Jul 16, 2012 at 11:54 am #1292052
@ewolinLocale: Hampton Roads, Virginia
I just checked out a number of trail reports on the web for the PCT between Snoqualmie pass and Stevens pass, a hike my wife and I are considering in the next couple of years. A large majority of the reports said that the crew really suffered on the hike, in many cases despite having light packs and using trail runners. They mentioned sore feet and knees, sore leg muscles, blisters, back and shoulder pain, loneliness and other things. This was in addition to minor grumbling about mosquitoes, rain, not enough food, etc. In all cases they reported that it was worth it in the end and they wanted to go back.
From reading these reports one gets the impression that backpacking this section is really a battle between pain and misery on the one hand, and enjoying the trail and scenery on the other.
I'm no spring chicken, let alone in Olympic athlete condition, and I've been on more strenuous trips. But other than a blister once a few years ago (unsuccessful experiment with a lighter sock strategy) I have never experienced pain and misery since going light/UL.
I find it hard to believe I'm unique and that everyone else suffers. Are trail reports mainly written by people who had a painful and difficult trip?
Do you suffer on the trail?Jul 16, 2012 at 12:30 pm #1895206
@b-g-2-2Locale: Silicon Valley
Some of us have the common sense to ease off before pain and misery start. In others, there is delayed action pain and misery, so they think that they are easing off before the pain and misery, but then it catches up with them later and they are sore and stiff by the following day.
Everybody has a different threshold of pain. In other words, how much abuse does your body accept before the pain sensors start sending their signals?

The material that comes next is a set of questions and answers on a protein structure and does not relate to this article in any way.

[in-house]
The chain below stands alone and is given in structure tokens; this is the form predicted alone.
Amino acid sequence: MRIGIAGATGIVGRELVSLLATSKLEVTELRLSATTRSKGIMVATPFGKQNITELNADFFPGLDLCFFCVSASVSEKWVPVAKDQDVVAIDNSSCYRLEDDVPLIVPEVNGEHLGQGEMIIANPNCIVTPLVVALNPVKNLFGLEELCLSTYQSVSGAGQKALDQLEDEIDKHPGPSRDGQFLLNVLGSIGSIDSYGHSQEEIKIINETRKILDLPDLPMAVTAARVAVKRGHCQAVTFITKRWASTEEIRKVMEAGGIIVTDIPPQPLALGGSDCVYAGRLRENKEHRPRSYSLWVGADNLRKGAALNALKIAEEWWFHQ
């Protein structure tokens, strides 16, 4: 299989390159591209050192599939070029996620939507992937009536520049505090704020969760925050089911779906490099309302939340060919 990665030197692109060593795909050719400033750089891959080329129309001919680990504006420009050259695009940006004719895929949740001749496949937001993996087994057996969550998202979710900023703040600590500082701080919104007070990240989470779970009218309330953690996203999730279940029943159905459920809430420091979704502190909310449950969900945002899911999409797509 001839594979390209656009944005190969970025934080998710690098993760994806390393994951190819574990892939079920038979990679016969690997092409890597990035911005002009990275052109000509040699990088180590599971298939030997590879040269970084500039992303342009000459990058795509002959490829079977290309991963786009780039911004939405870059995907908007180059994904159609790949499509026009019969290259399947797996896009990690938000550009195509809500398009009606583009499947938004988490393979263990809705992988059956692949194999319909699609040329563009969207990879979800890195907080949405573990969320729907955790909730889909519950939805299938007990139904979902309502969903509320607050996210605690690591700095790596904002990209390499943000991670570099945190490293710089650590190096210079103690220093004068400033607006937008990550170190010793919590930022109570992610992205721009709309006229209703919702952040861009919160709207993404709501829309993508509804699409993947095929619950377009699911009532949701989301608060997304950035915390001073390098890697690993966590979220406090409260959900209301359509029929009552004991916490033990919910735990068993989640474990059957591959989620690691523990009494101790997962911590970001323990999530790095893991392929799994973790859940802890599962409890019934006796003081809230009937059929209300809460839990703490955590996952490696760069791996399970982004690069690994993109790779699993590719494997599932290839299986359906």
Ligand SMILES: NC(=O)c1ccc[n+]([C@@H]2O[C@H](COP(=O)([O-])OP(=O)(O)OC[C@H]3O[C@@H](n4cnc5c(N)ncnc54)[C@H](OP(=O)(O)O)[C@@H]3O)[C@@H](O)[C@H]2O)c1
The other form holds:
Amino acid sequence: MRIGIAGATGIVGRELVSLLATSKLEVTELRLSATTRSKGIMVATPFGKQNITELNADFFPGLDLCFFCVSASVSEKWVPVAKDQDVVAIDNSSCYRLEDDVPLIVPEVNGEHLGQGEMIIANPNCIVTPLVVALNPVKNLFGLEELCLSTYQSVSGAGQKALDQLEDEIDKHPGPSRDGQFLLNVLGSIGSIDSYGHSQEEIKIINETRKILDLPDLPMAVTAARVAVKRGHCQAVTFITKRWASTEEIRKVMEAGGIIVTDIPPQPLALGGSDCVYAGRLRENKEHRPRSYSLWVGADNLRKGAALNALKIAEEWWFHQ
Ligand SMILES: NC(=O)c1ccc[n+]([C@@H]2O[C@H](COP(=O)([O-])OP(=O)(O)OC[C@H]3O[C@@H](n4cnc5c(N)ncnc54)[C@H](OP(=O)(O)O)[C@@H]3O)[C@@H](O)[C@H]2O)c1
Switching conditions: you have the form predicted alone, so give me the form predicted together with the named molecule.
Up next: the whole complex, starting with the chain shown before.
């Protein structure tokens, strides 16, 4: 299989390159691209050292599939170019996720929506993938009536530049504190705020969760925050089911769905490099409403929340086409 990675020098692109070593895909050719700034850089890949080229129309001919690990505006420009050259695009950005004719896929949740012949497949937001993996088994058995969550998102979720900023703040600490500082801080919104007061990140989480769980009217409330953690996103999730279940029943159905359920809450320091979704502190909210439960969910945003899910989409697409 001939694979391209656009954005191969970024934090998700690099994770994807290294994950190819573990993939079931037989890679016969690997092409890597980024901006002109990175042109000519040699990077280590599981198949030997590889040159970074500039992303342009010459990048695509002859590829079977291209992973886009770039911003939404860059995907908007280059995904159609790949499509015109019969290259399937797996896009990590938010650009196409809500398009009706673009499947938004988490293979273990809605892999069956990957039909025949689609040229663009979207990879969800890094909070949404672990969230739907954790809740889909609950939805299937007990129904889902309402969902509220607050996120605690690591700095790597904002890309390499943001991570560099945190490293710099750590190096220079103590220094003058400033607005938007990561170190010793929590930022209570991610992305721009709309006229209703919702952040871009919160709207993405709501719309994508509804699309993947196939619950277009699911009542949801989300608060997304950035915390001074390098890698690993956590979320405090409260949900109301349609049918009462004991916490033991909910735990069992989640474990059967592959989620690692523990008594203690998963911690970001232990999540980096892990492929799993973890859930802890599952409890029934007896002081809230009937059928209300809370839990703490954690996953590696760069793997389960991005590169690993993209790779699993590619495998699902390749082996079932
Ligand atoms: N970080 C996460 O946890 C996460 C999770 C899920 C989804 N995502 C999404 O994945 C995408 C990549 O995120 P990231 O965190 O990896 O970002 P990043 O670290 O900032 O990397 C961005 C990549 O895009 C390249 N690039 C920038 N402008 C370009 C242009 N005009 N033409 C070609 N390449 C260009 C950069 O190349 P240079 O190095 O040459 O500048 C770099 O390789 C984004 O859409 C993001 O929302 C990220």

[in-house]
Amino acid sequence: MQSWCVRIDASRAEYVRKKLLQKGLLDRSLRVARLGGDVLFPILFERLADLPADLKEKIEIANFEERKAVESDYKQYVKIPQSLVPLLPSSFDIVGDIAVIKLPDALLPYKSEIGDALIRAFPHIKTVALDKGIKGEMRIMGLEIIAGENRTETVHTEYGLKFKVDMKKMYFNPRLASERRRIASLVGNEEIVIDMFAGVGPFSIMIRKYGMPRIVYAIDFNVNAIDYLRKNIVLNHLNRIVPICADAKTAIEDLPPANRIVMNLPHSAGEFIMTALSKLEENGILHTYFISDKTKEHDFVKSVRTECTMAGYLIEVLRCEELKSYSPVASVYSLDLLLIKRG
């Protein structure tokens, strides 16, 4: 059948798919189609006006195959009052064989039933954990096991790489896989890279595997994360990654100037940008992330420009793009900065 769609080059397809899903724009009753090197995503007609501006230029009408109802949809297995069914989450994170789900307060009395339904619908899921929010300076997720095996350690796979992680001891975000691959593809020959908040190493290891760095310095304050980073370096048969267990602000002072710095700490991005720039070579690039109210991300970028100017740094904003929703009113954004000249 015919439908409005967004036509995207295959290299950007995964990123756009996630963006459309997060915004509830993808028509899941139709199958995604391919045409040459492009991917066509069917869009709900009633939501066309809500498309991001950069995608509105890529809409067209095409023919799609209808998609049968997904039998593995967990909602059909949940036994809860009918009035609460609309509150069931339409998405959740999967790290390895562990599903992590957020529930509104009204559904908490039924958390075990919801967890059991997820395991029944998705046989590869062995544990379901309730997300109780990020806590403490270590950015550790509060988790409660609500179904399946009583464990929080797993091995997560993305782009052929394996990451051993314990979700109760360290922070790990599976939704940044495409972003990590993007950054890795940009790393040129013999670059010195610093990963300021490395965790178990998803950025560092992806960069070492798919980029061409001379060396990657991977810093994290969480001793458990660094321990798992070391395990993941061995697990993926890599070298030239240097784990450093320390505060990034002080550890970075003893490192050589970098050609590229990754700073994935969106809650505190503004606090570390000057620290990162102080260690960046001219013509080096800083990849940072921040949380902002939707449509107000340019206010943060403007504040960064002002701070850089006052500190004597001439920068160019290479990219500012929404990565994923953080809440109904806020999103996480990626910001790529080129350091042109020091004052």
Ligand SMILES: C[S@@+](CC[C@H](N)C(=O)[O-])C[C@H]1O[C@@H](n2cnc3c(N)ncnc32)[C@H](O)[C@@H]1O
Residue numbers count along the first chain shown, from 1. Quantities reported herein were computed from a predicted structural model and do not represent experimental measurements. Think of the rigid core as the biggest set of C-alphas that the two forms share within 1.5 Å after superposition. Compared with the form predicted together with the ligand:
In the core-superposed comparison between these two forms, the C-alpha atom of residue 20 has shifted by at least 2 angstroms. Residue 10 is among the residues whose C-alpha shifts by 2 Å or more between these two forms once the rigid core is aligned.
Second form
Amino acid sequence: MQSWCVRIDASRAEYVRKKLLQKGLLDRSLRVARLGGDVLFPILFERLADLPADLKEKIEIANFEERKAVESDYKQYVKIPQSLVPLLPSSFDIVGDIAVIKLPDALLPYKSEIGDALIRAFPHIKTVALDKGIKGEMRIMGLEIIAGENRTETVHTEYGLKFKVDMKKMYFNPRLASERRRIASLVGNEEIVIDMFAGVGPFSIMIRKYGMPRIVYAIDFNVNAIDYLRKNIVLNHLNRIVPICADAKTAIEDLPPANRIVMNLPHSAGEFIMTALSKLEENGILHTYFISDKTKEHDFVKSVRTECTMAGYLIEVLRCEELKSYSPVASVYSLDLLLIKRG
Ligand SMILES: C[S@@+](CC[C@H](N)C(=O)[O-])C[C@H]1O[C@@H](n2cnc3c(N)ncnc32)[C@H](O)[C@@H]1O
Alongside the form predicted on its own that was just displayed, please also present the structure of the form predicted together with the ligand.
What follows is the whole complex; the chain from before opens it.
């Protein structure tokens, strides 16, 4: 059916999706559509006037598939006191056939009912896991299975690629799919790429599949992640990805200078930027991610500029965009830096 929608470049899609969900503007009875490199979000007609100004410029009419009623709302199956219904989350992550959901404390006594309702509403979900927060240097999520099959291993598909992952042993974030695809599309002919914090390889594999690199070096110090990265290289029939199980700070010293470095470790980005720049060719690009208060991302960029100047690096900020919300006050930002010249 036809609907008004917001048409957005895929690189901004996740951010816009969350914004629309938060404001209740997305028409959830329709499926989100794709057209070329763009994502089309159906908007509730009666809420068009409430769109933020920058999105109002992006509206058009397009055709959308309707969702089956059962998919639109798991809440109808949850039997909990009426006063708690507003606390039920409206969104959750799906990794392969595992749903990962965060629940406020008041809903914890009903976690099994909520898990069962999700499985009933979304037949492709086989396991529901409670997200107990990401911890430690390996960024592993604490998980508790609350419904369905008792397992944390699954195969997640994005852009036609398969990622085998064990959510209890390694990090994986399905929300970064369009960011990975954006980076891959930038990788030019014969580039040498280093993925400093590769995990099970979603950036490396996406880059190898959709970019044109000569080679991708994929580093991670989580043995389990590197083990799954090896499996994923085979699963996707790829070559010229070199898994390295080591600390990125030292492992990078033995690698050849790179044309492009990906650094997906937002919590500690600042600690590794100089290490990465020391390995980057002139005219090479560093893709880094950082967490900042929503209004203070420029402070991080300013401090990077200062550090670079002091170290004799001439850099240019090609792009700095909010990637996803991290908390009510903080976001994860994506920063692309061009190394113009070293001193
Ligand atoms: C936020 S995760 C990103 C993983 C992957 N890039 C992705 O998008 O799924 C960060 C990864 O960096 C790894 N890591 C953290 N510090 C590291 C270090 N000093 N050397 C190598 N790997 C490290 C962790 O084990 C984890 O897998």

To put it differently, if you are suffering on the trail, then you are probably doing something wrong.
–B.G.–Jul 16, 2012 at 12:36 pm #1895208
@valsharLocale: San Francisco Bay Area
Pain and misery are relative.
The longest trip I have done is the JMT and the biggest challenge I found was working myself up the switchbacks and dealing with snow/ice covering the trail while dealing with shortness of breath due to altitude.
Pain in my feet after a long hard day of hiking, which might mean that I hiked too long that day, was not in shape for the trip, or maybe did not take enough breaks.
Since going UL, no pain and misery associated with the weight on my back.
Maybe pain and suffering are the result of bad planning, such as a shortage of food, unexpected navigation error, pushing too many miles than your body can take in a day???
All you can do is plan best you can, anticipate possible problems, and adapt to the unexpected….isn't the nature of people on the trail to push themselves to some degree simply to see if they can do something?
-TonyJul 16, 2012 at 12:58 pm #1895213
some of us seek out pain and misery …
to reassure ourselves we're still here :-)Jul 16, 2012 at 3:41 pm #1895244
Did that bit 3 years ago.
I thought that it was very easy.
(mind yo I was only 54 then…) For reference I had about 14 kg/30 lbs (inc food and some water) on me at the start.
Here is a funny video (from my mate) on this .
Start at about 2:30
I just watched that video again and yes Pedro did have knee pains but not caused by that walk he already had a problem knee.
Anyway no pain no blister for me so nothing wrong with that walk it is spectacular.Jul 16, 2012 at 5:09 pm #1895279